WHO: This is the sort of decision that should involve a large and representative sample of the people who will have to follow it. Ultimately, the decision may be made by the highest level of management, but it should be an informed and collaborative decision.
Consider, too, the people outside the media organization who will be affected by what policy you decide to follow.

Even if you’re a lone free-lancer, you’d be wise to consult a few others in arriving at your personal policy for pre-publication review. Discuss. Argue. Test your ideas. Pre-publication review may give a source confidence that the reporter cares about getting it right. It could enhance your credibility and reputation. Offering to let them check what you’ve written may get them to open up. On the other side of the argument are tradition, and the worry that sources will want to take control of your story. They’ll try to change what you’ve written, to put themselves in the best light. They, and your colleagues, will think you have no backbone or professional pride.

WHY: These are principles (standards) you will use in deciding what to do. In most cases, it comes down to a balance between telling the truth and minimizing possible harms. Identify these and other moral responsibilities. The best decision is the one that does the greatest good for the greatest number of stakeholders.

You might want to consider what others have done, and what standards they used. Steve Weinberg, former head of Investigative Reporters and Editors, is quoted in one journalism ethics textbook as saying, “I have practiced PPR as a newspaper staff writer, a magazine free-lancer and a book author. Never have I regretted my practice. What I do regret is failing to do it during the first decade of my mindless adherence to tradition.”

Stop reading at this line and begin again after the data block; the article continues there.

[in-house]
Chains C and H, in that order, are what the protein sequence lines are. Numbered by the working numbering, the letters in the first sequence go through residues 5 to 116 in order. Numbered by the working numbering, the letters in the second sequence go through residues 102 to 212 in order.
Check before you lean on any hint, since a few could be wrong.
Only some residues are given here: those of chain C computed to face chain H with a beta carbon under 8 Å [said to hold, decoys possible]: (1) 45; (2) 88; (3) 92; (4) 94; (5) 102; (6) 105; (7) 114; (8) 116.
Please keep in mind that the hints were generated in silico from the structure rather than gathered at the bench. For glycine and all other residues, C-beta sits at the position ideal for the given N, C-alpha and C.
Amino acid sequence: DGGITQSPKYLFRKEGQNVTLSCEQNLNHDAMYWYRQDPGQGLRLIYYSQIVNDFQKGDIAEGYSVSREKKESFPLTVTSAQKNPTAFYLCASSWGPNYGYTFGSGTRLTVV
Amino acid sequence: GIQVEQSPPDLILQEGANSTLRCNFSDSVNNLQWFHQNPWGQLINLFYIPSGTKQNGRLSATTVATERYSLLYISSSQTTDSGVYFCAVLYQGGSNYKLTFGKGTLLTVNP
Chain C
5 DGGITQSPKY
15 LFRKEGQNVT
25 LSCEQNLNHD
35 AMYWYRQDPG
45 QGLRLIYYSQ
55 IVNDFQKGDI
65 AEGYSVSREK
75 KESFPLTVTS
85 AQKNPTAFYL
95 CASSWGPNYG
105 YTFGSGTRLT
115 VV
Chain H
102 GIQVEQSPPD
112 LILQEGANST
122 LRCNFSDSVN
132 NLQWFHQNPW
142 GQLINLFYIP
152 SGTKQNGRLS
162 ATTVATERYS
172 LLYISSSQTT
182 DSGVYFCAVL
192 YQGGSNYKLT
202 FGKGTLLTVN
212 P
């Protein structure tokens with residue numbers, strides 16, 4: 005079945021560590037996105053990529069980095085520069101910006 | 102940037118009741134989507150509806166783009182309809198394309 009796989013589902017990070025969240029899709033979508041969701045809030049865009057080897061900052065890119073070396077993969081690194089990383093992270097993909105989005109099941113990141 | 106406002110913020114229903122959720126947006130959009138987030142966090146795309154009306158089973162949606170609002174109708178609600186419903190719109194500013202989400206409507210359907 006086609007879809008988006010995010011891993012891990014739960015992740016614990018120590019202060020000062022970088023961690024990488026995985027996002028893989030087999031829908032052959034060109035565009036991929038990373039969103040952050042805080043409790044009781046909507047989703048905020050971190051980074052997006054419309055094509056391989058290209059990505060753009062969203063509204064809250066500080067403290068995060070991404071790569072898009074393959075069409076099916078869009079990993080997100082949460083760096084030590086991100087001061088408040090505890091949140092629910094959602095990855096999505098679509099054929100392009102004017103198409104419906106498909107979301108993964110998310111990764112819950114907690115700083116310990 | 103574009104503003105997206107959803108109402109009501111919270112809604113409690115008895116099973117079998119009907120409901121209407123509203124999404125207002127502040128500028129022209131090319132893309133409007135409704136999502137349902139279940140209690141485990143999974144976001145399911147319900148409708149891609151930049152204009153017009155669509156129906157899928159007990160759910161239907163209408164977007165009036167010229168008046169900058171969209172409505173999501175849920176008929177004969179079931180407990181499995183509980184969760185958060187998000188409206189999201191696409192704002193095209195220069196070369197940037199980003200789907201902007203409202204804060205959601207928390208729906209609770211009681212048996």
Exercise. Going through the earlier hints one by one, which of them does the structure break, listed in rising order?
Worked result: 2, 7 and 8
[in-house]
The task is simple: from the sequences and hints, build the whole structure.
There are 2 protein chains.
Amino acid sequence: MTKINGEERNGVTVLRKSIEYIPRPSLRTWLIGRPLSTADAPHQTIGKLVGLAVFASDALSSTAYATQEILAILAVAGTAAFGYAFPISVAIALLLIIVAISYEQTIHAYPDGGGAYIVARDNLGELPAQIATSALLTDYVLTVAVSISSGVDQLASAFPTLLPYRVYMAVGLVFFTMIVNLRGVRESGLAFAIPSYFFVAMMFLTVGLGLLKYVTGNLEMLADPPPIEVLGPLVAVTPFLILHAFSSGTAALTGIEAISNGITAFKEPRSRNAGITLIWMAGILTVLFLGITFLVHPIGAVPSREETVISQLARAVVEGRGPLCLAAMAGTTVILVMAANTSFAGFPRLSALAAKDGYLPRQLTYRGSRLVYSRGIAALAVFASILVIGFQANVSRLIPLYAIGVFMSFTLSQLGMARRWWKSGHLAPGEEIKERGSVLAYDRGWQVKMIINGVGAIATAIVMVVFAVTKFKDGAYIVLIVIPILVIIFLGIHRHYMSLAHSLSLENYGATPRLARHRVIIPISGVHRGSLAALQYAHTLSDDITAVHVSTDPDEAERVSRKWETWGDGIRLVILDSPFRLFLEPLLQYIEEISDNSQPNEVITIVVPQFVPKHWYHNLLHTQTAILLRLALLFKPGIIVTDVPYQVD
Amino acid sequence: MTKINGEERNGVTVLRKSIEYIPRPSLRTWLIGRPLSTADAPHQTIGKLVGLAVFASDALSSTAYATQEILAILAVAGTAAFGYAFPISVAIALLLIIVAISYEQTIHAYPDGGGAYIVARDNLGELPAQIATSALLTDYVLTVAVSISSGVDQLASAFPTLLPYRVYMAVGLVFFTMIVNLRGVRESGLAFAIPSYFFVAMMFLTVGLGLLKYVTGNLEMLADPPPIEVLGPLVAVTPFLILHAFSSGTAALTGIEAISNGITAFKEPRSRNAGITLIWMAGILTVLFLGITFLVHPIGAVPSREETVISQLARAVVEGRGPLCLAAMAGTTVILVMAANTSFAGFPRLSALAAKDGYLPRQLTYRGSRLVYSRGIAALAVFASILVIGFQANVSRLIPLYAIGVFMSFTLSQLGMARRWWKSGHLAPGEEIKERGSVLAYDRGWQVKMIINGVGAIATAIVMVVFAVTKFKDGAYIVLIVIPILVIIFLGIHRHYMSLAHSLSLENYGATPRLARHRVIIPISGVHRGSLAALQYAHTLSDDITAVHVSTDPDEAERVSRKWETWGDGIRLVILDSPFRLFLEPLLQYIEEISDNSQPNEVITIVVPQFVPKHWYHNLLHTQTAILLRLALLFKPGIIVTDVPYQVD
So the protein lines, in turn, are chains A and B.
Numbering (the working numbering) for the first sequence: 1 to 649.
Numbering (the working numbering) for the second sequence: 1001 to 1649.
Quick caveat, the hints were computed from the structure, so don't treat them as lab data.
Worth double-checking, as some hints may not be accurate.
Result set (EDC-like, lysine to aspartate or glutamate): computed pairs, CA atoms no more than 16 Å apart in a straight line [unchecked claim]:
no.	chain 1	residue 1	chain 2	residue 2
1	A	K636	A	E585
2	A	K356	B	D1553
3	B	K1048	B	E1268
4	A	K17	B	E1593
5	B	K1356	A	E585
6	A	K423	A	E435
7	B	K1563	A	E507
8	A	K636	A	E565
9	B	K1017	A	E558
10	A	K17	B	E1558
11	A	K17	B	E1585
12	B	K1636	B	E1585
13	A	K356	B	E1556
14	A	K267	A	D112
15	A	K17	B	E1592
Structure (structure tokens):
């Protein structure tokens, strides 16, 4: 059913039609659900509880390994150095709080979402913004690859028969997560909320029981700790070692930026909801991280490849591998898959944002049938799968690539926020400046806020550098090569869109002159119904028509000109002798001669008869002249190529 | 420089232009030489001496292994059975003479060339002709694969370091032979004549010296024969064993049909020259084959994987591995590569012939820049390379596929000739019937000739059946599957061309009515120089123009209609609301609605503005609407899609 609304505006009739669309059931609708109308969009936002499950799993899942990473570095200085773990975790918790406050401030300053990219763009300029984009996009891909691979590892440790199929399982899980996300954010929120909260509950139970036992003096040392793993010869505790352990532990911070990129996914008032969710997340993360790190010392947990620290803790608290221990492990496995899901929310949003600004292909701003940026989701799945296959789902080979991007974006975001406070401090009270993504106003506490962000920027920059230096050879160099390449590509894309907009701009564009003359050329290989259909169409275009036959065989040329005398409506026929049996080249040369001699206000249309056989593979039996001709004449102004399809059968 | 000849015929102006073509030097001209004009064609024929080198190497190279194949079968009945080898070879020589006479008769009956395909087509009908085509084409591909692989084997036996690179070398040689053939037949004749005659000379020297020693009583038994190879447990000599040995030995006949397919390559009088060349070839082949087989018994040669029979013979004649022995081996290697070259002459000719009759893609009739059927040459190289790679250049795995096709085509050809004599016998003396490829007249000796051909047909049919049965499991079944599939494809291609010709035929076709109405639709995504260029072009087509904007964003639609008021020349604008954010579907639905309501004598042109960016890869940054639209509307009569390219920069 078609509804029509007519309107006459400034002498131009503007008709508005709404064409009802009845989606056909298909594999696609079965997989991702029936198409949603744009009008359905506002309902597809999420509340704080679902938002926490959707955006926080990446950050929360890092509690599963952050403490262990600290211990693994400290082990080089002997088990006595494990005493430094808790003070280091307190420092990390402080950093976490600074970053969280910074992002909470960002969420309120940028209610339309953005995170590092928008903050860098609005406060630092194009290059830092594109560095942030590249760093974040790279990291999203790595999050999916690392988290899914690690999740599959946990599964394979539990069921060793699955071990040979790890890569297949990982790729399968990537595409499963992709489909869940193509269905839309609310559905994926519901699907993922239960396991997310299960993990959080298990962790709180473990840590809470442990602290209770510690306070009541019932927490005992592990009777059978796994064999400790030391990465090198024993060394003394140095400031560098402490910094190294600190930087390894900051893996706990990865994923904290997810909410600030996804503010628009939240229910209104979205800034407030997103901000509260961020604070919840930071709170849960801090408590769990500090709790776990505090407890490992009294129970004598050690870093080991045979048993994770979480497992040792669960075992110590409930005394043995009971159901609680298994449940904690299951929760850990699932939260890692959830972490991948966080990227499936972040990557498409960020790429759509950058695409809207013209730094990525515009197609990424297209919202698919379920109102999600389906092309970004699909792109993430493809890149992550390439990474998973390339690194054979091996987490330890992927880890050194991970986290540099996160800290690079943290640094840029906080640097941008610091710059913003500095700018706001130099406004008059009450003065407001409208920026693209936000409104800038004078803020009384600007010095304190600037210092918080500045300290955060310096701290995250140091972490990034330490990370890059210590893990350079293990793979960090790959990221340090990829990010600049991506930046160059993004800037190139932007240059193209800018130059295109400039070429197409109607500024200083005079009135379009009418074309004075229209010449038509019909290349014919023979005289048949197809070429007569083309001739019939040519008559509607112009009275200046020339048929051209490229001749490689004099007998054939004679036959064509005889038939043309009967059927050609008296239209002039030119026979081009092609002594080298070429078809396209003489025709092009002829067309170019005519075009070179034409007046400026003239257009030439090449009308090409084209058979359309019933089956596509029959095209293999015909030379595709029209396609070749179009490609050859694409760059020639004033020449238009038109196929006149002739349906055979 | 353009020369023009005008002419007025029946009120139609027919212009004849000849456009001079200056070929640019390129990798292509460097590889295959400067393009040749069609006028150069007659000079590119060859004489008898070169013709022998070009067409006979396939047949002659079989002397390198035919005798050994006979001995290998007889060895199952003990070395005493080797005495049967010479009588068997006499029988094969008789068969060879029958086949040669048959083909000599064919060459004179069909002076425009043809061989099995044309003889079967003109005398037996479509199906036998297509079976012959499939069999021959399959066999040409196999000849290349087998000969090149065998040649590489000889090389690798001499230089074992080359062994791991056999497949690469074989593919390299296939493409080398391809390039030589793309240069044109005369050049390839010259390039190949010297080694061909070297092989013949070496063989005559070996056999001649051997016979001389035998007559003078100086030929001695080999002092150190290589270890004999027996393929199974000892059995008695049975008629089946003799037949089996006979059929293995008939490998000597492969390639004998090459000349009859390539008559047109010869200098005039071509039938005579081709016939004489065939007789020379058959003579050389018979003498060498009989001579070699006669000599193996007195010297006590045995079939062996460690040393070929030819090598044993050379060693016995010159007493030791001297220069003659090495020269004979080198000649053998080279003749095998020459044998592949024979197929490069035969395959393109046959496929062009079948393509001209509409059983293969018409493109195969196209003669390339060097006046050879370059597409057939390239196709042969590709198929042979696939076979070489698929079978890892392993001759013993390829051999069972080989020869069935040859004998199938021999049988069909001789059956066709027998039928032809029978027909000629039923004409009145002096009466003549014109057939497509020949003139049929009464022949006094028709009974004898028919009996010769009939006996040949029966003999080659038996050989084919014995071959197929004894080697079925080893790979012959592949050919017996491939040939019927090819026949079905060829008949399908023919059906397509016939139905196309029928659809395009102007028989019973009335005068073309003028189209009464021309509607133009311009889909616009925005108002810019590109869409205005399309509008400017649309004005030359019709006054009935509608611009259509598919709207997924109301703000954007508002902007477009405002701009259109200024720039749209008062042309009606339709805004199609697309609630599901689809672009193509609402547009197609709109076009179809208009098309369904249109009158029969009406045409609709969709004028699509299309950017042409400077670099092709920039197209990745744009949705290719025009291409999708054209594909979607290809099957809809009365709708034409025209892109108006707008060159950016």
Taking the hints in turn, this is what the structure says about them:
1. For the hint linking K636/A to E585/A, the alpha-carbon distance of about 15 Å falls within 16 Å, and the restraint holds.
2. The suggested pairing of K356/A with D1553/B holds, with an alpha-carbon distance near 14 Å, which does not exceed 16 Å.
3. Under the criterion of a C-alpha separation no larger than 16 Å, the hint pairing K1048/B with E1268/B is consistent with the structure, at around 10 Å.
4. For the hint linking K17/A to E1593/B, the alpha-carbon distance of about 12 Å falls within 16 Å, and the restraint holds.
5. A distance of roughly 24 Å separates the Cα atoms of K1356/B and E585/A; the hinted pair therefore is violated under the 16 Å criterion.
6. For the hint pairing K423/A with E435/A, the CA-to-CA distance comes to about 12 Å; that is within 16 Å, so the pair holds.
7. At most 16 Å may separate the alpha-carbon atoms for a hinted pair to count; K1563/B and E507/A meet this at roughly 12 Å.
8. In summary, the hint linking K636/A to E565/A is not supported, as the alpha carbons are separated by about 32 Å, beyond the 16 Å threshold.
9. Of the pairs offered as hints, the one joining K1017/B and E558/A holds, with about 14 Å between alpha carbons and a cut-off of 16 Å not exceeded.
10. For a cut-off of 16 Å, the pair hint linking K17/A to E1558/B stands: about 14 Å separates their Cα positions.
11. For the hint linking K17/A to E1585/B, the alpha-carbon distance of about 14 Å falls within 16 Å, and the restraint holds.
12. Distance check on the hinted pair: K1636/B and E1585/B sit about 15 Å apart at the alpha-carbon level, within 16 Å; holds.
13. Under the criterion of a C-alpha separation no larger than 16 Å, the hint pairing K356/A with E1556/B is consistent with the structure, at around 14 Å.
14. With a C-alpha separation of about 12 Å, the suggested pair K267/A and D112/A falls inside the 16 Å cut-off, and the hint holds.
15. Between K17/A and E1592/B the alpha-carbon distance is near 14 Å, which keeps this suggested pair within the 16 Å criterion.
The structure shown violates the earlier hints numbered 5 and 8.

Jay Mathews, a veteran education reporter for The Washington Post, shows whole stories to sources, even though it makes his editors uneasy. He wrote about that in The Post’s May 31, 2003, edition.
“I have shown every story I have written to all the sources I could find,” he said. “... They are welcome to argue about the tone, the analysis or anything else that bothers them, but I change only the things that I am convinced are inaccurate.”

The balance here is between being as accurate as possible in truth-telling, and maintaining your independence as a journalist.

HOW: How do you achieve the outcome you’ve identified as the best? This is definitely a situation where you want to write it down, and consider sharing it with your readers and audience.

Here’s one possible policy for pre-publication review:
1. Make it clear to your source that only you or your editor can change what you’ve written.
2. The review is for accuracy only. Just the facts, not context, tone or organization.
3. Don’t change direct quotes. You should have them on tape. But it’s OK to negotiate if the source says his first quote was wrong.
4. The best time to double-check is during the interview.
5. It’s best to review specific passages; not the entire story.
6. Remember: YOU DON’T HAVE TO CHANGE ANYTHING! But if it’s wrong, you certainly should.


Ethics
Ethics Home
SPJ Code of Ethics
News/Articles
Journalism Ethics Book
Case Studies
Committee Position Papers
Ethics Answers
Ethics Hotline
Resources
Ethics Committee

Quill: Stories About Journalism Ethics
– 10 lessons in journalism ethics
– Journalism’s complicated relationship with transparency
– Sinclair’s ‘teachable moment’ raises even more questions

Ethics Committee
This committee's purpose is to encourage the use of the Society's Code of Ethics, which promotes the highest professional standards for journalists of all disciplines. Public concerns are often answered by this committee. It also acts as a spotter for reporting trends in the nation, accumulating case studies of jobs well done under trying circumstances.